Tuesday, August 11, 2015

The Hunters

Tomorrow on TCM brings up a day of films starring Robert Mitchum. One that I haven't blogged about before is The Hunters, which you can catch at 4:45 PM

Mitchum plays Major Cleve Saville, a US Air Force officer during the Korean War. He's heading back from Japan to Korea to take part in more missions against the Communists' MiGs, but first has to deal with another pilot who has serious self-confidence issues. First Lieutenant Carl Abbott (Lee Phillips) has yet to shoot down a plane, and he thinks he's never going to get a good mission. To deal with this, he's taken to the bottle, which unsurprisingly is a problem for a pilot. Anyhow, Lt. Abbott drinks himself into a stupor, such that Cleve and Carl's wife Kristina (May Britt) have to take him back to the Abbott's place in Japan, which seems impossibly big for a soldier, but that's another story. It fairly quickly becomes apparent that the filmmakers want us to think that Cleve would be the more appropriate man for Kristina, and that this is going to be one of the running themes of the movie.

The other theme, of course, is Maj. Saville's difficulties in dealing with the new pilots the Air Force is giving him. Saville fought in the previous war, World War II, and he's a lifer. Flying in World War II was different from flying in Korea, and the young pilots just don't seem to have the same respect for flying that the Major thinks he has. Get off his lawn, or maybe his cloud. The part of the hot-shot young flyer, Lt. Ed Pell, is played by Robert Wagner.

And so we get the set-up for the dramatic climax of the movie. The pilots go on missions, especially wary of one Chinese pilot who goes by the nickname "Casey Jones" who is the one pilot to be the equal of the best American pilots. He's shot down quite a few American planes, and he's back in action. They'd like to get him, but of course it's not going to be that easy.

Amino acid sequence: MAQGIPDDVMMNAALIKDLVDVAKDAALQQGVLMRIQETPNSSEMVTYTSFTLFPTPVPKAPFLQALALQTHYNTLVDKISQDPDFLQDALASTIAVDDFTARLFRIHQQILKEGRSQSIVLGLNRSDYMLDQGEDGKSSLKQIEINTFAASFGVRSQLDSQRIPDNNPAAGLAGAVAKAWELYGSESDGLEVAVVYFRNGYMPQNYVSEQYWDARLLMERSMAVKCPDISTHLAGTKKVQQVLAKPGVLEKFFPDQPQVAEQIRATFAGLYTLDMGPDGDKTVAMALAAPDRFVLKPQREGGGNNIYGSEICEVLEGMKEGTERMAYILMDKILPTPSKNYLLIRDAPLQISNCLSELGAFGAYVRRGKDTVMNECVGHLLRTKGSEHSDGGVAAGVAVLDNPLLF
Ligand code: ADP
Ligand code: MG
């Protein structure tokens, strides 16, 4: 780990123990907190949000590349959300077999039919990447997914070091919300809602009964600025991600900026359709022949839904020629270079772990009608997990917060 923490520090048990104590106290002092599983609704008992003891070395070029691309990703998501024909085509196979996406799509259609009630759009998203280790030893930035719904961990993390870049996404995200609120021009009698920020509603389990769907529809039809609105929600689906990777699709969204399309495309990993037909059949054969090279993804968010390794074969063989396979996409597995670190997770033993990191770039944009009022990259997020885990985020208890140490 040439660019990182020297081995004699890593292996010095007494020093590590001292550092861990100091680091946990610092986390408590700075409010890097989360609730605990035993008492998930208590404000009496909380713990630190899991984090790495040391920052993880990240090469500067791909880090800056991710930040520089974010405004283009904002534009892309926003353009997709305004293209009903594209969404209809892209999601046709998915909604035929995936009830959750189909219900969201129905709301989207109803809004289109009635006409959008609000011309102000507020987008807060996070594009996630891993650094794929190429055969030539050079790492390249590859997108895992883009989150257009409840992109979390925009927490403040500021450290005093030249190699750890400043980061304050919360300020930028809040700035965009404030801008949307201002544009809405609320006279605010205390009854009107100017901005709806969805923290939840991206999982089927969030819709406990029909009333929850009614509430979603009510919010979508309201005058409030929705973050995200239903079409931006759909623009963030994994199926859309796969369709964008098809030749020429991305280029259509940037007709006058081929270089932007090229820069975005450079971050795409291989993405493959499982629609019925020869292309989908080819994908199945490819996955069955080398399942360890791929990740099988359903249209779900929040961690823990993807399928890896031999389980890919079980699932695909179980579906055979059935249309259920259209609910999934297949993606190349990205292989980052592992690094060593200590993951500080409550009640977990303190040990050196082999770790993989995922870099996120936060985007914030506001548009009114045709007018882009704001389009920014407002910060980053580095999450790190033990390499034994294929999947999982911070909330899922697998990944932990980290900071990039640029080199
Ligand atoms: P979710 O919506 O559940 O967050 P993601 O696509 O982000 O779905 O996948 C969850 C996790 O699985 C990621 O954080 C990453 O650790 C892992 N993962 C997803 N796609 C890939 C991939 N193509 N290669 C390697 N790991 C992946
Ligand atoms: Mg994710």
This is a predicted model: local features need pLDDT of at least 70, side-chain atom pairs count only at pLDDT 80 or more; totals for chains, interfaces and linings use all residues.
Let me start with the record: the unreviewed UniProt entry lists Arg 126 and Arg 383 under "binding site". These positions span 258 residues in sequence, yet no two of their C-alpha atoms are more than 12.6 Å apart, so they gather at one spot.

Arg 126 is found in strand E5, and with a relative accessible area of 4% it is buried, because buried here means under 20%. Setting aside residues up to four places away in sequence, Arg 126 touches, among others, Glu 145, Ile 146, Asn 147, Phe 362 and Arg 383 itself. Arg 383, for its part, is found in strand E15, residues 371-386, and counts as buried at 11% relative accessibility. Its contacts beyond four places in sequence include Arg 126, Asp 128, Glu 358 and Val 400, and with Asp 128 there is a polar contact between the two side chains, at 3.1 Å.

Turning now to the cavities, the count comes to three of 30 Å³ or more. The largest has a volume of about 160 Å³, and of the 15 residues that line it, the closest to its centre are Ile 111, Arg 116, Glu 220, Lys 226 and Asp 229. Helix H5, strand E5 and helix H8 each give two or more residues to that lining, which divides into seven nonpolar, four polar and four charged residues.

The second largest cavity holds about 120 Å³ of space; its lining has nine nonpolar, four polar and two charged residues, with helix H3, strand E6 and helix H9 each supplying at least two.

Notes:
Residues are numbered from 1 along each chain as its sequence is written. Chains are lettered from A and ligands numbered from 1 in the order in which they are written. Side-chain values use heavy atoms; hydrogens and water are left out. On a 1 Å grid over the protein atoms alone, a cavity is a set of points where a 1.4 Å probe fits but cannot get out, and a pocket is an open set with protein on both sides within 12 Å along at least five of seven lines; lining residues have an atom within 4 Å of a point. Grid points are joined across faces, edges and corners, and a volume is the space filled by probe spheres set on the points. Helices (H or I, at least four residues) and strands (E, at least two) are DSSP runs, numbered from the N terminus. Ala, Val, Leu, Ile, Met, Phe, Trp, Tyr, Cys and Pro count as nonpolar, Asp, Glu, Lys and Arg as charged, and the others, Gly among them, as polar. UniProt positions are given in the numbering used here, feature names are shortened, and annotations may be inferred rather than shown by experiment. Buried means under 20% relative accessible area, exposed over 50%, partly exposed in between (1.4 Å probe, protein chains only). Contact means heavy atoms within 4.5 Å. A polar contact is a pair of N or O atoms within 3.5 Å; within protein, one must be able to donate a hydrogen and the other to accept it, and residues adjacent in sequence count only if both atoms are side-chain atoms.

Indeed, one of the missions is going to see a pilot get downed behind enemy lines! That pilot is Lt. Abbott, and if it weren't for military discipline, we'd probably be happy to see the jerk get what's coming to him, and Saville and the widow Abbott can get married and live happily after. But of course, that would be a terrible ending for a film, so we need something a little more dramatic. And what we get is certainly that: Maj. Saville ditches his plane, and Lt. Pell lets himself be downed too, so that the two of them can find Lt. Abbott and bring him to safety! This despite behing well behind enemy lines and having no real idea of the lay of the land. It also doesn't help that Abbott is fairly injured.

The result is a movie that treads over a lot of territory that we've seen before in previous war movies. Not that it does most of the stuff badly; it's just that other movies did these things better. What The Hunters has going for it is its color cinematography, as well as the presence of Robert Mitchum, who gives a professional performance as always. If you like war movies, The Hunters is entertaining enough but will never achieve greatness.

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